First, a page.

BEIJING, Oct. 20 (Xinhua) -- China's famous Palace Museum has launched a research center for the study of Tibetan Buddhism by using its rich collection of royal cultural relics over the past five centuries.
The Research Center for Tibetan Buddhist Heritage (RCTBH) of the Palace Museum, better known as the Forbidden City in the heartof Beijing, will focus on the study of the history when the religion was practiced in royal courts of the Ming and Qing dynasties (1368-1911 A.D.).
This would form an important part of the study of Tibetan Buddhism, one of three major branches of Buddhism that is still practiced by Tibetans in west China and in neighboring countries including Nepal, Bhutan and India.
The Forbidden City is the world's largest surviving imperial palace complex and served as the home of the emperor and his household, as well as the ceremonial and political center of China from 1420 to the early 20th century.
Because Tibetan Buddhism won support of the imperial rulers, the Forbidden City eventually preserved tens of thousands of pieces of religious relics such as shrines, Buddhist statues, paintings, Buddhist sutra and musical instruments.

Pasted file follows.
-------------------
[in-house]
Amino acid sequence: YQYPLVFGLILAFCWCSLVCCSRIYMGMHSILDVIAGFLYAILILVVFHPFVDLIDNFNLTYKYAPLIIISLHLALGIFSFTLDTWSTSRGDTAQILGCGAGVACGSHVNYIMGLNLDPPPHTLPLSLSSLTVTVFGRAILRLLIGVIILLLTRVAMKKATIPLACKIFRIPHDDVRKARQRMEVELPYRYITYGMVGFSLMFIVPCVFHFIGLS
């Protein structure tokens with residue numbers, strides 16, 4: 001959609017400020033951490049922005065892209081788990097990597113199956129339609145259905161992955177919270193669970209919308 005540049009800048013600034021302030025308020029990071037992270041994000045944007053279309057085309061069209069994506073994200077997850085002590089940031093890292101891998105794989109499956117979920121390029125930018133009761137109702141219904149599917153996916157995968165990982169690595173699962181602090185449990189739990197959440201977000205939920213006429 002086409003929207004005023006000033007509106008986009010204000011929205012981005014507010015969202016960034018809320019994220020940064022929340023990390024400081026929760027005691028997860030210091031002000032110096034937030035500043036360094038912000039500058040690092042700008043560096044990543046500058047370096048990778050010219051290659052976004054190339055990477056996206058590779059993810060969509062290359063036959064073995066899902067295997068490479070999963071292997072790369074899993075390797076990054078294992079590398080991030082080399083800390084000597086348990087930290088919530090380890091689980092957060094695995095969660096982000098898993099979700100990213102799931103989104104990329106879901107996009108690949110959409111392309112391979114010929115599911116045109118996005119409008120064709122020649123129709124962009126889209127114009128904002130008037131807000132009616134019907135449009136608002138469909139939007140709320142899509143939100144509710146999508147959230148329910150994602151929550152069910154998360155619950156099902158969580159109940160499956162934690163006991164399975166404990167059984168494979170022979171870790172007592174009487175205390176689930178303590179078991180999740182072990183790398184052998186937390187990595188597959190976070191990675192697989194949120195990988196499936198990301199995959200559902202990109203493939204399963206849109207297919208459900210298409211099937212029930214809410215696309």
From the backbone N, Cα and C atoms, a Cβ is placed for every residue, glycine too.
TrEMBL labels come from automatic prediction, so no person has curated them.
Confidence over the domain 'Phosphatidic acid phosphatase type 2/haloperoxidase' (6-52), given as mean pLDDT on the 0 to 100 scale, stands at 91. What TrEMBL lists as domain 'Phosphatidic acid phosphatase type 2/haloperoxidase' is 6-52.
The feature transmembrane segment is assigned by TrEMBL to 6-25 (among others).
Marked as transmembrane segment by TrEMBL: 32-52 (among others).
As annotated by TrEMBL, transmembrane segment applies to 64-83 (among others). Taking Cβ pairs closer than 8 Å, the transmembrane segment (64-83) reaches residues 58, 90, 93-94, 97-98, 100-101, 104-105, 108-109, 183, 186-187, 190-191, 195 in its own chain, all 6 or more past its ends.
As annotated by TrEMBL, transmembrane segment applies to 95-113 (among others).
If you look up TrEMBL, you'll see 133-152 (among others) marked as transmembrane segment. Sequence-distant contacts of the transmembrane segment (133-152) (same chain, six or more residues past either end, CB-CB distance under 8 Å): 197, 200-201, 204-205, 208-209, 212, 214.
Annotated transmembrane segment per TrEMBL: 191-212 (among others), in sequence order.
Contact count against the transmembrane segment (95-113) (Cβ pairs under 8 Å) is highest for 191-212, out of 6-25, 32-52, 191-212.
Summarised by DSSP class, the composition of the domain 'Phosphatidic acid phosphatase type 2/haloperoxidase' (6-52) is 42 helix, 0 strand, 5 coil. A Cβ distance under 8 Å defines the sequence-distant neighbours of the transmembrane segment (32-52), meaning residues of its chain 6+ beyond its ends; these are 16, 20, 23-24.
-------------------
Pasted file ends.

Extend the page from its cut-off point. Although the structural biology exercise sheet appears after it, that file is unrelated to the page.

These will give the RCTBH, launched last week, a unique advantage to conduct academic research of both the history and thereligion, said a press release provided to Xinhua by the Palace Museum on Tuesday.
The research center was located in the Zhongzheng Hall inside the Forbidden City, which used to be the main venue for Tibetan Buddhist rituals for emperors in the Ming and Qing dynasties.
The hall was seriously destroyed in a fire in 1923. It will be completely rebuilt next year thanks to a refurbishment project since 2006.
Seven research institutes on archeology, culture, history or religion from China, the United States, France and Japan have signed agreements with the center on academic exchanges and joint research in future.